Yet another Warner Archive DVD release. They are well represented in my list this year.
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THREE O’CLOCK HIGH (1987; Directed by Phil Joanou)
Another Shout Select collector’s edition that that was brought to my attention from the editor of this site. This is another one of those films I kept coming across during my 80s Video store days, but never got around to watching. Better late than never!

This picture revolves around the sacred school tradition that most people have probably had to face – and fear – at some point in their lives. The ‘meet me after school’ fight threat. I know I experienced it several times with bullies making me wait until the end of the day to unleash their fury and fists upon me. I managed to snake out of most of them, and in this case, Jerry Mitchell (Casey Siemaszko) goes to great – and comical – lengths to do just the same. What makes the picture great is that the bully is an uber-bully, and every move that Mitchell makes just puts him in hotter water with not only the bully, but also with school officials and even the police. The clock is ever present in this dark comedy, ticking down those moments to what is a quite brutal fight with a dude whose criminal reputation would make some hardened criminals cringe in fear.

I have read some negative reviews of this, but I was quite taken by it, and again Shout Select does it justice with an outstanding Blu-ray disc release.
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TIT FOR TAT (1935 – Short; Directed by Charles Rogers)
I end this year’s list (well, this posting at least, I had so many discoveries this year that I may do a follow-up article for my own – neglected – blog) with a Laurel and Hardy short. Fitting, since a bio-pic is about to hit theaters about the legendary comedy duo.

What makes this short so special? Well, it’s not only outrageously funny, but also a sequel. TIT FOR TAT is a follow up to THEM THAR HILLS (1934) which has Laurel and Hardy entertaining the wife of a man who leaves her to get gas for their empty tank. The duo offers her what they think is just water except that a gang of bootleggers chased off by the cops have dumped their moonshine into the well they are drawing from. The three of them get plastered, the husband returns to find his wife drunk and very loose with the two men, and he reacts accordingly.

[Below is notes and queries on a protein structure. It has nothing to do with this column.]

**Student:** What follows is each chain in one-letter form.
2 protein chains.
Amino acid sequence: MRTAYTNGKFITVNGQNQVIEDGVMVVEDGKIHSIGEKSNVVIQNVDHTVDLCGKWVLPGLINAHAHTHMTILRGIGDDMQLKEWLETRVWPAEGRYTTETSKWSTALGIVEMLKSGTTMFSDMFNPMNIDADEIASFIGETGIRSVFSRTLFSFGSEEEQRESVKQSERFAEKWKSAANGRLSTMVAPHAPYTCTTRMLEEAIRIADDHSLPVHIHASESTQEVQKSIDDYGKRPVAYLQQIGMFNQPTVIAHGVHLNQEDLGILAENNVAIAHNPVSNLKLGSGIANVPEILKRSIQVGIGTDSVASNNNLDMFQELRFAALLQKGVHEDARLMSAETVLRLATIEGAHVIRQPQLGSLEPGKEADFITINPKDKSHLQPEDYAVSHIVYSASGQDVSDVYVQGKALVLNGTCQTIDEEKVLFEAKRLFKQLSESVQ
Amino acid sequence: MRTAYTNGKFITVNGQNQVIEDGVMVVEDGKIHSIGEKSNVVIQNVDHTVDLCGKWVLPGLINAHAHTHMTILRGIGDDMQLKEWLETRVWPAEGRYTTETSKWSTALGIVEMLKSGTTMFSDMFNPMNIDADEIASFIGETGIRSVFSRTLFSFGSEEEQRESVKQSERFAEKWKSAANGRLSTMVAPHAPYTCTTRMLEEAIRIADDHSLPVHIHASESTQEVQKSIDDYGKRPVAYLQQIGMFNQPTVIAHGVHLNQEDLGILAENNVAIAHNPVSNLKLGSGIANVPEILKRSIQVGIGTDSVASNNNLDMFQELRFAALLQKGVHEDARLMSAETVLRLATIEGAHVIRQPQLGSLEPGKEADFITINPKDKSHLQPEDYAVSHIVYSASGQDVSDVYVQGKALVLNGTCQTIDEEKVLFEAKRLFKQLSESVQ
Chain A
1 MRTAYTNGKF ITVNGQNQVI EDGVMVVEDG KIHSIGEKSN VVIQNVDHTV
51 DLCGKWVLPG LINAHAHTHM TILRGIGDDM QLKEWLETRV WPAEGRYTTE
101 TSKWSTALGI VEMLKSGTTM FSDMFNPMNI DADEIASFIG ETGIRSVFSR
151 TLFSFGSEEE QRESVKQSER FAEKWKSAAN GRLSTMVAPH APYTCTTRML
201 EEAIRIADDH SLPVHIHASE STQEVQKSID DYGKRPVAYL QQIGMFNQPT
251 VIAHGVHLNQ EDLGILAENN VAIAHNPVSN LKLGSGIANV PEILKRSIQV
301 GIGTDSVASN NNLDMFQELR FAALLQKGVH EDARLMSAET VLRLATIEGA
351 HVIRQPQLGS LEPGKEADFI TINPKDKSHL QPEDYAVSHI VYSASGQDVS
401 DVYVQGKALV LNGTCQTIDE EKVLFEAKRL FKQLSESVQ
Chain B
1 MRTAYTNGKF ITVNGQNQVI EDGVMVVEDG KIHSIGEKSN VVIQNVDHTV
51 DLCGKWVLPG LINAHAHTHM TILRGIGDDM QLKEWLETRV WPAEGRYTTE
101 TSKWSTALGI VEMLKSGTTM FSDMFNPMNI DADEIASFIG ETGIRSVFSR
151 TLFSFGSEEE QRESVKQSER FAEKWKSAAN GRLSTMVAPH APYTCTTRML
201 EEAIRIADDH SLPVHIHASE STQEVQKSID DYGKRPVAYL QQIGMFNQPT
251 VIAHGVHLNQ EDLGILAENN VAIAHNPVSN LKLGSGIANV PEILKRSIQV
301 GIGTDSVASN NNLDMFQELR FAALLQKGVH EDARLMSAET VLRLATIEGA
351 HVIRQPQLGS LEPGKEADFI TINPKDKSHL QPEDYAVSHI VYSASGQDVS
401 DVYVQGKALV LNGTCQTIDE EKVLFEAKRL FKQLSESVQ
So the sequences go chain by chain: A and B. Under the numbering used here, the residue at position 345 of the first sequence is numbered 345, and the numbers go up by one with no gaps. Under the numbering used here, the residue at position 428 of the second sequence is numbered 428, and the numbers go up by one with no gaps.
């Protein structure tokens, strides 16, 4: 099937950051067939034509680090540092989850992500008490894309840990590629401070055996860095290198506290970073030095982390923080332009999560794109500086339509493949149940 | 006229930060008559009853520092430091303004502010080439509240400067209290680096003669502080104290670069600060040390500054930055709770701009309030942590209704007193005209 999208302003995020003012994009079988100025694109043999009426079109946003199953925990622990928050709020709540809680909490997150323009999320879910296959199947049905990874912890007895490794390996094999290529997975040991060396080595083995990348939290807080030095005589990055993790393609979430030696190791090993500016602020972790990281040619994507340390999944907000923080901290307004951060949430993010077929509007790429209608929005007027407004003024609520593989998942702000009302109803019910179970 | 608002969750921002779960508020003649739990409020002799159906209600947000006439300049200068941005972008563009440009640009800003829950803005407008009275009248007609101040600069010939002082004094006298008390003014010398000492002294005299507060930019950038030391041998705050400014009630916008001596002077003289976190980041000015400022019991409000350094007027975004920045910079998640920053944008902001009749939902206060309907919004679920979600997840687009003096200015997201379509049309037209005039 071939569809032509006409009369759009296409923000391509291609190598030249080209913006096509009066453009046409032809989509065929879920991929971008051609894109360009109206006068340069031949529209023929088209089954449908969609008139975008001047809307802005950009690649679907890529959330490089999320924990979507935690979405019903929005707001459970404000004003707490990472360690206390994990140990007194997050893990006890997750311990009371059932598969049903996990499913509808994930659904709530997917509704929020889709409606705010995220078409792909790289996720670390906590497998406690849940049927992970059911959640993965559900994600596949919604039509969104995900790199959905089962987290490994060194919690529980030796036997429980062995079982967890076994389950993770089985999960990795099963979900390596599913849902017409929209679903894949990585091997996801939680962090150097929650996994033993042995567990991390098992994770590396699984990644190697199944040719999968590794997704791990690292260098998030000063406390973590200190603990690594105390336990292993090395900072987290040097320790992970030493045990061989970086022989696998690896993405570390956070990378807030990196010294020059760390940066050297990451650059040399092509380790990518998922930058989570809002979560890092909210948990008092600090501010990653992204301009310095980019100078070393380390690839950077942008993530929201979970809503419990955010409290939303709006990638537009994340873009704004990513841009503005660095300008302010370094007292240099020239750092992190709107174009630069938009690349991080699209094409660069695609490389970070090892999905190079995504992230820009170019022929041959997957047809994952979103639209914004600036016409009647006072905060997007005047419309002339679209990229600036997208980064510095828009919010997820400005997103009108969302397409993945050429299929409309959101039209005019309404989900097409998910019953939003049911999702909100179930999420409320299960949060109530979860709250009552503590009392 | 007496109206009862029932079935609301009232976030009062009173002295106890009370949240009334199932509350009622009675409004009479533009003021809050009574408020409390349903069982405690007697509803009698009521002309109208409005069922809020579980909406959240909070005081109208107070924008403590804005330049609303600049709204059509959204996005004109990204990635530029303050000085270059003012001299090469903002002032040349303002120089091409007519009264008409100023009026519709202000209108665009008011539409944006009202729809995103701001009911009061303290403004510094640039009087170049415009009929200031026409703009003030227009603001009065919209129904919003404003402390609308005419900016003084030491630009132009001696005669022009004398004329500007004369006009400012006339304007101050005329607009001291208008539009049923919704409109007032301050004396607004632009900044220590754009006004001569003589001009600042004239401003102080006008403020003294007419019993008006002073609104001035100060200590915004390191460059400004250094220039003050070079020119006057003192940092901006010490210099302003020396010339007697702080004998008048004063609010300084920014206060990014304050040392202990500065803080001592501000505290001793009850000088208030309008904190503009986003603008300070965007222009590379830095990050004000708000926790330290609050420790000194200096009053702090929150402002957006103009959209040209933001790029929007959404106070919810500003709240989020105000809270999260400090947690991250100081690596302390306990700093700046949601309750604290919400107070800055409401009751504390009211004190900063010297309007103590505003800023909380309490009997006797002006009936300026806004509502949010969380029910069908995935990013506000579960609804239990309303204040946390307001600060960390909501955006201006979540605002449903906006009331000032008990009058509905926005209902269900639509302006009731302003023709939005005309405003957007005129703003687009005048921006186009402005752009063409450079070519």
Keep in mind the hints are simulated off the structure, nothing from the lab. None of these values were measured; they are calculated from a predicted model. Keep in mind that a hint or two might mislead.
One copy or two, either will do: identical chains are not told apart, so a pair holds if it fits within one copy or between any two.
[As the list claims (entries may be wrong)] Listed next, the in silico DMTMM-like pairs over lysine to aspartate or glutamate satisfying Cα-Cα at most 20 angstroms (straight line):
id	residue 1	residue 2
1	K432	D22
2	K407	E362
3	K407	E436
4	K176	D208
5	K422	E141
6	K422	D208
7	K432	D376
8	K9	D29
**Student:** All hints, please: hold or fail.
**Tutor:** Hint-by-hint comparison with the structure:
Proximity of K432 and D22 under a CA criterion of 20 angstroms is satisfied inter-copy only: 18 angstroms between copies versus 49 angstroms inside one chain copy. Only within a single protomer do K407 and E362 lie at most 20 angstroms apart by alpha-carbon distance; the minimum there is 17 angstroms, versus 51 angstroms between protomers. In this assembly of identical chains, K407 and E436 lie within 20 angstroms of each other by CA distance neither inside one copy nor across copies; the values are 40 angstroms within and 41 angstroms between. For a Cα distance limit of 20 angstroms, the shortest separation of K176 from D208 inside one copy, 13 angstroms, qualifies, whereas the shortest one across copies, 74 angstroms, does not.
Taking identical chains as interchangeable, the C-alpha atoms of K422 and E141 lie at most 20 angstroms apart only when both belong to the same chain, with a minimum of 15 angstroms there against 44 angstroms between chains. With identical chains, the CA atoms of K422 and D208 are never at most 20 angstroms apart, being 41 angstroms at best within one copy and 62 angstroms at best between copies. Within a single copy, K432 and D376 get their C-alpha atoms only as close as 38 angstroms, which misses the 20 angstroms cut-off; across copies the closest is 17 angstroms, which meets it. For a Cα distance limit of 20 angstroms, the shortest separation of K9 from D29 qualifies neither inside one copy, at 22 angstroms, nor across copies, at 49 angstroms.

TIT FOR TAT sees Laurel and Hardy buying a shop that just happens to be next door to one owned by that same husband and wife. The husband recognizes them, thinks they are hitting on his wife, and that turns into a war of escalating comedy as each store owner tries to outdo the other with their vengeance, meanwhile another dude is essentially looting Laurel and Hardy’s unattended shop!

I don’t think I have laughed as hard as I did while watching this. Watching it along with THEM THAR HILLS helps, but it also is effective on its own. It takes great advantage of the comic genius of both Laurel and Hardy as things spiral completely out of control. HIGHLY recommended.
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Honorable Mentions…
GRAY LADY DOWN (1978; Directed by David Greene)
Charlton Heston in a sunken sub that is about to be crushed by the intense water pressure. Solid action-thriller.
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THE BLACK PIRATE (1926; Directed by Albert Parker)
Fairbanks in his signature swashbuckling role. The scene where he glides down a sail using a knife is just as exciting now almost 100 years later as it was then.
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THE MAN IN THE WHITE SUIT (1951; Directed by Alexander MacKendrick)
Biting satire from director Alexander MacKendrick (SWEET SMELL OF SUCCESS) has Alec Guinness inventing a suit that will never wear out and never needs cleaning. It stands to completely ruin the garment industry altogether and will make you think about the economy and the idea of built-in obsolescence that keeps people needing to buy more to keep others employed. Soon to be released in a new Blu-ray edition from Kino Lorber Studio Classics.